As parents of children with special needs you need to be aware of the impact of discrimination in the life of your children. Discrimination against people with special needs includes
• Negative attitude or stereotyped beliefs people have about those who are ”different” or those with disabilities.
• Suspicious lack of trust or uncomfortable way in which people react to the announcement that a child or adult has a disability or special need.
• Fear, worry, and dismay on the part of relatives and friends who find it difficult to maintain ongoing contact with parents of a child recently diagnosed as having a disability.
• Ignorance, lack of information and lack of understanding of people who disregard, neglect, or avoid the parents and children with special needs.
• Cultural and societal stereotypes, prejudices, or bigotry against main streaming people with disabilities or special needs into ”normal” society.
• Hidden, masked, and unidentified lack of pressure on the school systems to improve, increase the funding, and innovate in providing services to exceptional education students.
• Lack of advocacy in terms of full funding, legal action, and policy formulation, in support of the Americans with Disabilities Act (ADA) for the full ”normalized” employment of people with disabilities or special needs.
• Lack of full funding and advocacy for adult day programs, sheltered workshops, supported work programs, and subsidized work programs to meet the employment needs of those with disabilities.
• Lack of full funding, advocacy, and appropriate zoning laws for group homes, supported living and supervised apartments, and subsidized apartments for people with disabilities.
• Lack of full funding and advocacy for the lifelong social, recreational, and leisure needs of people with disabilities.
*Parents of children with special needs can become anti-discrimination advocates for your children. In your advocacy endeavors you will meet others who advocate for people with disabilities, handicaps and special needs. You as advocates, who promote the reduction of the impact of discrimination against people with special needs.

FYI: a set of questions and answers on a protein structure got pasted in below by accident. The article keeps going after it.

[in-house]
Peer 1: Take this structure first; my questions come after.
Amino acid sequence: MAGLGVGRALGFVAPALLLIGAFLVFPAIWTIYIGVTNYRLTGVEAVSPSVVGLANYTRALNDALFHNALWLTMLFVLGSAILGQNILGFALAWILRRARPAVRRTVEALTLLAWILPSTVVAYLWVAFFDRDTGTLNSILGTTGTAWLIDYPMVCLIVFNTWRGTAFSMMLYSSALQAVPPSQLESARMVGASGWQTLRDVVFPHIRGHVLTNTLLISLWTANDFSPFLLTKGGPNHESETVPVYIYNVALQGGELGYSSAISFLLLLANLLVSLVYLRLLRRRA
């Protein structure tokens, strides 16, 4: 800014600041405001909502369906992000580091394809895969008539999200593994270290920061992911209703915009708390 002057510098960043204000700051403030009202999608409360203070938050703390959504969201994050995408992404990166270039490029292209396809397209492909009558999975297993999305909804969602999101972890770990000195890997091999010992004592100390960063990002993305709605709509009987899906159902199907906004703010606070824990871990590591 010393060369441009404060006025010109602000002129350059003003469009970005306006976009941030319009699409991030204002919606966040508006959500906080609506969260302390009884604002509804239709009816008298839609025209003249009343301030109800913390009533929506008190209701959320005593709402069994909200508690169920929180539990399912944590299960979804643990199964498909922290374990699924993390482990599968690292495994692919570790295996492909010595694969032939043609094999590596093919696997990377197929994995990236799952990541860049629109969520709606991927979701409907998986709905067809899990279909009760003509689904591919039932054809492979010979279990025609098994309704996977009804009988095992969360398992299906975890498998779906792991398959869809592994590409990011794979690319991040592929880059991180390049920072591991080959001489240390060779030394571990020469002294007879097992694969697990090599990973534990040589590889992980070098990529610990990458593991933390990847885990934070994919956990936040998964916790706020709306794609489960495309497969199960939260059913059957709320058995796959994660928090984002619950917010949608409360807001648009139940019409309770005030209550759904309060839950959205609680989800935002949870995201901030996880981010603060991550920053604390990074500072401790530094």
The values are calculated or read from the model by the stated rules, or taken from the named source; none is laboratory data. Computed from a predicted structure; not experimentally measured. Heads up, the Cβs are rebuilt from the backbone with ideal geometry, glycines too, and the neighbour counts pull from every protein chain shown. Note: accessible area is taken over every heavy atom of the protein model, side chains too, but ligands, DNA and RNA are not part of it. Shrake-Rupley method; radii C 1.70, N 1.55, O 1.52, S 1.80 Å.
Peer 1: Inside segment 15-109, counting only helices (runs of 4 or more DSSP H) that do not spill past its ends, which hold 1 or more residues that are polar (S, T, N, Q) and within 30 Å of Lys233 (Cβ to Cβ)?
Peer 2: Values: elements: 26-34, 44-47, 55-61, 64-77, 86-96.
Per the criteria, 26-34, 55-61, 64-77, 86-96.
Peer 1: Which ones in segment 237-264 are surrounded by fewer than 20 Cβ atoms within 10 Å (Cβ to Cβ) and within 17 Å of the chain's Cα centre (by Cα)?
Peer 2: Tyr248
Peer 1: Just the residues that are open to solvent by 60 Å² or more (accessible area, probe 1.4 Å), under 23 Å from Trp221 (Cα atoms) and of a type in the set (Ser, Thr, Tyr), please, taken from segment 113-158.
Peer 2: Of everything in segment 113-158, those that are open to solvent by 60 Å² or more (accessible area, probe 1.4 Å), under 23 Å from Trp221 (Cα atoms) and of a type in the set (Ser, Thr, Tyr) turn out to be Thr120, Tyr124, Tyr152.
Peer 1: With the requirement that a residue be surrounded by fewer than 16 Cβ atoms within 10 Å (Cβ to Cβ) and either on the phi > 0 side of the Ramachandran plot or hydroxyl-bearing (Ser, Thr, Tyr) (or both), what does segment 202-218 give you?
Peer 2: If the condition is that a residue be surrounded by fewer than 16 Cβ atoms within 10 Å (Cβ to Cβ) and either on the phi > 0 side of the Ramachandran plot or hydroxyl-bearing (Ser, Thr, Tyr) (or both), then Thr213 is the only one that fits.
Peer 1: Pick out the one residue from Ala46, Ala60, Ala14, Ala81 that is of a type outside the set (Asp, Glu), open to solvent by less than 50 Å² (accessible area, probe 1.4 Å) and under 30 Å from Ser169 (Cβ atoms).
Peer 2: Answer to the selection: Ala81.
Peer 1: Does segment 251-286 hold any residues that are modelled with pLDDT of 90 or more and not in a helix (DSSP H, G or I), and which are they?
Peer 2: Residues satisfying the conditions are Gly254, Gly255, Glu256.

*Continue to lobby forcibly at the federal, state, and local levels for funding of educational, social, medical, and rehabilitative services for people with disabilities. Continue to lobby to open churches or synagogues, social clubs, civic organizations, leisure, and recreational clubs to serve people who have disabilities.
* Instruct the public, medical, and professional communities as to the need for early identification and intervention for those with disabilities. Provide an ongoing forum in the print and electronic media to dispel the myths and stereotypes surrounding people with disabilities.
*Openly confront and educate physicians, relatives, and friends about the nature, cause, and treatment of disabilities. Continue to promote and sponsor fund raising for the private, nonprofit organizations serving people with disabilities and special needs.
*Work with curriculum developers and text-book writers to ensure that stereotypes of people with disabilities are discontinued and that accurate information about people with disabilities is included in the K-12 curriculum, in college, and in medical training programs. Demonstrate publicly that disabilities hit at every socio-economic, racial, religious, ethnic, and regional level in our society.
*Educate the public that having a child with a disability is not the most devastating thing to occur in life. Mainstream and get children with disabilities included into preschools, day care centers, and elementary schools to teach the ”normal-typical” children that they have nothing to fear from associating with these children.